I’ll be asking some distinguished members of the Brandeis community to weigh in on this. For now, please read this article. It’s a magnificent look at the past, present, and future of organized labor in America. The article is four pages long, written by Kevin Drum of Mother Jones, and it’s a great primer on what’s been going on.
There was a good article in yesterday’s New York Times about an issue I’m surprised has taken this long to be investigated: the possible illegality of unpaid internships. Apparently some people are finally getting concerned that unpaid internships at for-profit companies constitute free labor, and are therefore a violation of minimum-wage laws.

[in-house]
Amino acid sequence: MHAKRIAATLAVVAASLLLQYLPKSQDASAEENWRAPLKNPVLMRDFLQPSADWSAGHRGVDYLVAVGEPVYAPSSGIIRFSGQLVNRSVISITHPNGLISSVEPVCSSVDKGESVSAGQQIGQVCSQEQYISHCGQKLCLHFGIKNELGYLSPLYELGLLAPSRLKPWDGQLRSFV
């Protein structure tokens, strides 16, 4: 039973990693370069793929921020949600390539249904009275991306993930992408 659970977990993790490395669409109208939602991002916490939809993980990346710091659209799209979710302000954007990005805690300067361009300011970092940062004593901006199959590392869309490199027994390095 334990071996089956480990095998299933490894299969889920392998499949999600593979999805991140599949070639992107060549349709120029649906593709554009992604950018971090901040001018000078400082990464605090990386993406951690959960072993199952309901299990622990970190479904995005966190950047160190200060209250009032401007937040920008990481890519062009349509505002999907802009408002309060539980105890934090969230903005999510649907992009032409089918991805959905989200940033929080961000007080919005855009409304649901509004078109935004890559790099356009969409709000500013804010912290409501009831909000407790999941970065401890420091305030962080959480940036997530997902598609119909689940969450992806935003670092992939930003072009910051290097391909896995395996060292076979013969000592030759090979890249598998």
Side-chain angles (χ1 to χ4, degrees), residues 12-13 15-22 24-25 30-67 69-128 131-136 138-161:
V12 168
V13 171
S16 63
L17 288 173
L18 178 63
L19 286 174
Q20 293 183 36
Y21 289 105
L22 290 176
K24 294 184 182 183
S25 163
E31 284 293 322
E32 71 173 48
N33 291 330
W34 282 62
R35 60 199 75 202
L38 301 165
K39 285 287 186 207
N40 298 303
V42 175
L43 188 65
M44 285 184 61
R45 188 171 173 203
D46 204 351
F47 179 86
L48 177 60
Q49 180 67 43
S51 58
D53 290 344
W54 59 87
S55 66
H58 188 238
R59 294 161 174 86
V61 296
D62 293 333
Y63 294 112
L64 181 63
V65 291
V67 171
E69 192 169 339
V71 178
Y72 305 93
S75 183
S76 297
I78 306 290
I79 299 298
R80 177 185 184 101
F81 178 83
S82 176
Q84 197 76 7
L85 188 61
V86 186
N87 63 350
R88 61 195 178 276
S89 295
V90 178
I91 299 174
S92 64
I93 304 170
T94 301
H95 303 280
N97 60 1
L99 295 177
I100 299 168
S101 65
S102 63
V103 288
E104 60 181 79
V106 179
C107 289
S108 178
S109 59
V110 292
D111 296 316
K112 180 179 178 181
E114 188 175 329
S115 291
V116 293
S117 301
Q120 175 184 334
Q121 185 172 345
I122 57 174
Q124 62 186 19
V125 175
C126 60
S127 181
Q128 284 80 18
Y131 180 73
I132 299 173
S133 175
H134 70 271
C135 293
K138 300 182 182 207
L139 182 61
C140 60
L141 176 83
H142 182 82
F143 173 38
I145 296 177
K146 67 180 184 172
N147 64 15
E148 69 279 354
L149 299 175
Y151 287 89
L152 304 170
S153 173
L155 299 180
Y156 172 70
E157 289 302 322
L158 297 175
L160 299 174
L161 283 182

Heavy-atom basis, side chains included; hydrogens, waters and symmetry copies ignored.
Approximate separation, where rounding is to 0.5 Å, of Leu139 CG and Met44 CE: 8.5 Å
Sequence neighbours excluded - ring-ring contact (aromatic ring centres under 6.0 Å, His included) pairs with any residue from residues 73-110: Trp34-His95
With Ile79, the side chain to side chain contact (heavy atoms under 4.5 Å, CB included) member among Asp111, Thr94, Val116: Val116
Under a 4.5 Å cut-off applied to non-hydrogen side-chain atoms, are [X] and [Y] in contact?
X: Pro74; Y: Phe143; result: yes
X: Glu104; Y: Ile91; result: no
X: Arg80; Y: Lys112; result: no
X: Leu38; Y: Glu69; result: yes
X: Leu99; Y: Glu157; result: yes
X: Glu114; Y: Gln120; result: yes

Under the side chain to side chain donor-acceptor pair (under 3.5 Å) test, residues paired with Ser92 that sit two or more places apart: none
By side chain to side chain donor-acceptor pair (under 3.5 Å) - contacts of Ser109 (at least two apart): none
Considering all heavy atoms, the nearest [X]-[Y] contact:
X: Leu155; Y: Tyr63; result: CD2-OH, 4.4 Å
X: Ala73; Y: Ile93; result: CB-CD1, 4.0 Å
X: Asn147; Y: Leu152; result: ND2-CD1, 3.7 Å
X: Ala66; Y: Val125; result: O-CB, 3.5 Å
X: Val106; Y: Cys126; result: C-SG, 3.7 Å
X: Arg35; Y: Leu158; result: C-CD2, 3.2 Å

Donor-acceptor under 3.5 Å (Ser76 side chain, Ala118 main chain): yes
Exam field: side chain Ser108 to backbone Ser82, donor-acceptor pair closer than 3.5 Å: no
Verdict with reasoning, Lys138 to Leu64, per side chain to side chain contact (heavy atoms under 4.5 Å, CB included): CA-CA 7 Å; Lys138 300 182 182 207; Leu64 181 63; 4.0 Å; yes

As it turns out, the Department of Labor has laid out six criteria for determining whether an internship can be legally be unpaid. The internship must:
1. Give training similar to what would be given in a vocational school or academic
educational instruction, even though it includes actual operation of the facilities of the
2. Be for the benefit of the intern.
3. Not replace regular employees with interns.
4. Give the employer no immediate advantage from the activities of the trainees/interns (and on occasion the employer’s operations may actually be impeded)
5. Not guarantee the interns a job at the end
6. Feature a mutual understanding by employer/intern that the intern is not entitled to wages for the time spent in training.